Comforting crying people. I love those deep, poignant conversations during which somebody reveals a certain depth or layer that you'd never previously had the pleasure of seeing or knowing. I'm good at having emotional brain sex, at least, until somebody cries. What does one do? If I offer a sympathetic smile, I might look like I'm enjoying their pain. If I adopt my own sad expression, I may only fuel their weeping fire and turn us into a bundle of inconsolable chaos. If I do nothing, I'll look rude and uninterested. And my body, what do I do with its many limbs?! Do I lean in to deliver an awkward pat? Do I hug them? Do I rest my hand upon theirs? Why does doing that always make me feel like a pervert? Such situations thrust upon me an overwhelming degree of inner panic. Regrettably, inner panic makes me laugh, awkwardly, for a substantial period of time. I always end up looking like I'm laughing at the crying person, which is definitely the worst outcome for everybody involved.

Being sexy. I once got so nervous about talking to an attractive man at a bar (does anyone else struggle with so-attractive-that-I-turn-into-a-creep syndrome?), that the first question he asked me was whether I was having a hot flush. Similarly, whilst under the influence of far too much gin, I went wild and gave a guy I was dating what I assumed was a suggestive wink. He thought I had lime cordial in my eye.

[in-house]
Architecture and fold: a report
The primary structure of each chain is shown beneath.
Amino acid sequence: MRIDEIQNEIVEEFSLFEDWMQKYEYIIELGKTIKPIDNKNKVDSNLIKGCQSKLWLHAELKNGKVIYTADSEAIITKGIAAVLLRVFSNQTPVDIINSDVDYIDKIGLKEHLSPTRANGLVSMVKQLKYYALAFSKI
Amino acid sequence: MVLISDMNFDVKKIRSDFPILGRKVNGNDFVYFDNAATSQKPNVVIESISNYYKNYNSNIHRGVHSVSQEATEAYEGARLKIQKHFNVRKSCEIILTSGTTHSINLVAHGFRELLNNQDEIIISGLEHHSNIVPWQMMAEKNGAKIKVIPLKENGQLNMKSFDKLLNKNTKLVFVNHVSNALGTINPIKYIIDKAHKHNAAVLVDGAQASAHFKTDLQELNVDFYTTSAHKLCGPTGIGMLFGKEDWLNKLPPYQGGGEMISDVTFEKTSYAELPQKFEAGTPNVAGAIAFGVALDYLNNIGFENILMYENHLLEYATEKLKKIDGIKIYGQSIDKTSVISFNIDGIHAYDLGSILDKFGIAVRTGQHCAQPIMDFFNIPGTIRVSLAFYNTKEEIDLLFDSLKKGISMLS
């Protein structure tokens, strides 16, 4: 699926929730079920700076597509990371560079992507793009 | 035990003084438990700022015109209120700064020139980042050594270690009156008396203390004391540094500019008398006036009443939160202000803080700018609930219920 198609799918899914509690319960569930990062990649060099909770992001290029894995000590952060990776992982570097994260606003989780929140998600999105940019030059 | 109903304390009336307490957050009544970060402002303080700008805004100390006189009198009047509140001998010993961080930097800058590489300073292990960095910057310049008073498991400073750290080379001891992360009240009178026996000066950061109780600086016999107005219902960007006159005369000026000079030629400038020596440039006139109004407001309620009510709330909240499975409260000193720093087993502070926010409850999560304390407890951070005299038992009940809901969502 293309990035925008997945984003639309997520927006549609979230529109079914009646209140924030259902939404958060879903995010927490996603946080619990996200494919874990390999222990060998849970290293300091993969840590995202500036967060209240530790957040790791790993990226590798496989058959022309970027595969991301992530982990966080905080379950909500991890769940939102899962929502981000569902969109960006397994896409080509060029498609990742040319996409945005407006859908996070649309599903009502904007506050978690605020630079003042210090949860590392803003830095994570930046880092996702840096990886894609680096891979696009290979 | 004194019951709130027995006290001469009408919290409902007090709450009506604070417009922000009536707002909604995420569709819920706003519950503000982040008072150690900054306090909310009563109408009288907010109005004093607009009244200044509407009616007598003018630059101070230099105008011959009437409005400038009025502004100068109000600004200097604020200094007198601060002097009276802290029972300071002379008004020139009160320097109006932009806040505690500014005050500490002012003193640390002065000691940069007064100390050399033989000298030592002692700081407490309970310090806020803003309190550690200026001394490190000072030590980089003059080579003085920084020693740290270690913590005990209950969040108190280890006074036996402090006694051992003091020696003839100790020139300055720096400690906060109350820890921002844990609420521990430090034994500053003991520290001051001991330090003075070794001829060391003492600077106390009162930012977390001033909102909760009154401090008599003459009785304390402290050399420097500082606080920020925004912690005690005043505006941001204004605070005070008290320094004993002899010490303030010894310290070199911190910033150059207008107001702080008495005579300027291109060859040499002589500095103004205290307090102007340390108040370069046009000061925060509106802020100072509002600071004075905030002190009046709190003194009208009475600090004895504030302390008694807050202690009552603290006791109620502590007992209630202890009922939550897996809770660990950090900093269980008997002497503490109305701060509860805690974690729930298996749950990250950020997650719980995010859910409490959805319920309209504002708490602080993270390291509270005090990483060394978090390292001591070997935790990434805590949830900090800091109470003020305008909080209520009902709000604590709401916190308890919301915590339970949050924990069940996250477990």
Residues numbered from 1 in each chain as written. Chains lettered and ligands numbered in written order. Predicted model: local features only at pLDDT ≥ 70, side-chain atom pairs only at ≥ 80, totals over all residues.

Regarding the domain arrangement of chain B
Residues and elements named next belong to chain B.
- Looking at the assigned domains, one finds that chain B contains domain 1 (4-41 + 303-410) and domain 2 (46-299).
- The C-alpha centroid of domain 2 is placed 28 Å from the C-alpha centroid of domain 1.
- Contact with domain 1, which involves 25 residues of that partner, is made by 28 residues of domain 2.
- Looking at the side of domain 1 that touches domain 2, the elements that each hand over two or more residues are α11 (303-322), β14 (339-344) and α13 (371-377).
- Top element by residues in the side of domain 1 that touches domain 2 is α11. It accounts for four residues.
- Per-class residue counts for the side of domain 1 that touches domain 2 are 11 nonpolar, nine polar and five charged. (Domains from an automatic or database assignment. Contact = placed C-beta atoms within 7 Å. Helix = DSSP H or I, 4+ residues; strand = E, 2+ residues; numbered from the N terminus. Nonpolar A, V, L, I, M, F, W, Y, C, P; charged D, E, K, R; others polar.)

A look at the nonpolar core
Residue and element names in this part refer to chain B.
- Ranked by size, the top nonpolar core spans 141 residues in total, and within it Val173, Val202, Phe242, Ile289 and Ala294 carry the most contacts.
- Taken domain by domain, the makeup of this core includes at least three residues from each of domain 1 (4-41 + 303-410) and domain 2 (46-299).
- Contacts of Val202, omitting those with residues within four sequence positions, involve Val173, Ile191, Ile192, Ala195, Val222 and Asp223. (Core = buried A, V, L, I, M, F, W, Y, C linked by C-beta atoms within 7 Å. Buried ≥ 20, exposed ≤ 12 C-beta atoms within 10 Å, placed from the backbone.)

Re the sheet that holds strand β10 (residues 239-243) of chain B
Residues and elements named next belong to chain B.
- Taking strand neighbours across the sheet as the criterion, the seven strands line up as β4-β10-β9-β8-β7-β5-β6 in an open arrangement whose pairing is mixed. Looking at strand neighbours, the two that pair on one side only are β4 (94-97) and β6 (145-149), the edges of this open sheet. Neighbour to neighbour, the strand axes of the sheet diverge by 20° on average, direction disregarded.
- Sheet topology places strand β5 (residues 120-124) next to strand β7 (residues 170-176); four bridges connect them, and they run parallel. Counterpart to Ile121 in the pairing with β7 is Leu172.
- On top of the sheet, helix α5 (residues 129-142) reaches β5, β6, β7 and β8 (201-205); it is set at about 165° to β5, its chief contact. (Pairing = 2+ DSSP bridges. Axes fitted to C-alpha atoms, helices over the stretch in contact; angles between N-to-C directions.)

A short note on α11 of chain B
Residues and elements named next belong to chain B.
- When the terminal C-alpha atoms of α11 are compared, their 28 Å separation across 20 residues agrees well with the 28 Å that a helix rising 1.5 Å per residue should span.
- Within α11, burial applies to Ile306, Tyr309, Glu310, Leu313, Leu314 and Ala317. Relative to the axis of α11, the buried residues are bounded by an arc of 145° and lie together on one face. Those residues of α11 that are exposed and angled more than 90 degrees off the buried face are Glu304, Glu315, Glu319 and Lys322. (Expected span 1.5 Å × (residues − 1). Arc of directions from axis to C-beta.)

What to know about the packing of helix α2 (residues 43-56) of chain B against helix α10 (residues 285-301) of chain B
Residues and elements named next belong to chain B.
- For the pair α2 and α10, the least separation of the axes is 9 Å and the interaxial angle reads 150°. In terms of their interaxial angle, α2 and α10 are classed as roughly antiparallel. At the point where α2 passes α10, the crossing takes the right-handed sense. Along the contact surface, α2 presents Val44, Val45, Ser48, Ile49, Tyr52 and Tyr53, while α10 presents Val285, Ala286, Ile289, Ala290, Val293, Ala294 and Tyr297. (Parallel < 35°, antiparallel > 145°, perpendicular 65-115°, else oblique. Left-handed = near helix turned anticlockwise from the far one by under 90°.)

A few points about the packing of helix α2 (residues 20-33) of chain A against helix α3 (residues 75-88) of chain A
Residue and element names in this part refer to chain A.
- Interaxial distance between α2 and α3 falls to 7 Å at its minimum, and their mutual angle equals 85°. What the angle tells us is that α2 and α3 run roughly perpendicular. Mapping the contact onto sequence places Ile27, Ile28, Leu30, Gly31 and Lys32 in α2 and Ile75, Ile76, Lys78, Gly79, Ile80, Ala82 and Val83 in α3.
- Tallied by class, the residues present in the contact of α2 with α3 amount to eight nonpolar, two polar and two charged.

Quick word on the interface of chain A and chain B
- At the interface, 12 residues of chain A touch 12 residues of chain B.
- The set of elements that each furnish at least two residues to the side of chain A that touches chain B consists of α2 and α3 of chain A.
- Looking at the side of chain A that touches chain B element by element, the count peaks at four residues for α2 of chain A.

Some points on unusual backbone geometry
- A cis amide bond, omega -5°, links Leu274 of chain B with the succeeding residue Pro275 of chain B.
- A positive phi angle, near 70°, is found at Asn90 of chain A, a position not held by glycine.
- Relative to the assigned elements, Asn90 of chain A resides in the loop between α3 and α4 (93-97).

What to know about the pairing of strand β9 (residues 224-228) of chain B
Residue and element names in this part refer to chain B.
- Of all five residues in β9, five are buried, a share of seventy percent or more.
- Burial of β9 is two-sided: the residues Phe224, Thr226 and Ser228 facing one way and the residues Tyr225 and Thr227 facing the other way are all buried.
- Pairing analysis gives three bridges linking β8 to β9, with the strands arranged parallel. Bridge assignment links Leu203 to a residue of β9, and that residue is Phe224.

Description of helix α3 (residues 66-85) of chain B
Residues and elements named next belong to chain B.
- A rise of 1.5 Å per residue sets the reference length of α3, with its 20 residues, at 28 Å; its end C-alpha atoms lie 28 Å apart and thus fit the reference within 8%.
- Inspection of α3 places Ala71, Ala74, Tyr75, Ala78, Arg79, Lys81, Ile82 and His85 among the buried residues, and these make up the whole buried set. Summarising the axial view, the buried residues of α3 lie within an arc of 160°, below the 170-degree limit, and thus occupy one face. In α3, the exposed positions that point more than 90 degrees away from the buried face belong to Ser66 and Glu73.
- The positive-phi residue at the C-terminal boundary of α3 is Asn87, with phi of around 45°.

Having a concise shower. I make the most definitive life decisions whilst massaging my foamy 'pits in the shower. Yes, I do. I've probably got to be somewhere to be in half an hour. I definitely won't be there in half an hour.

Using my telescope. I've always been insatiably curious about space, particularly the night sky. It's a mad, awesome scattering of stars and planets and darkness and the unknown and natural epic, and it absolutely blows my tiny mind every time I look at it. A couple of summers ago, I decided to go all out and invest in a telescope. Since having my telescope, I have seen the craters of the moon for a magical 10 seconds. The remaining hours have been spent gazing at the house guttering, endless tree branches, 44 take-offs from Gatwick, and at least two of my neighbours getting changed. I am astronomically useless.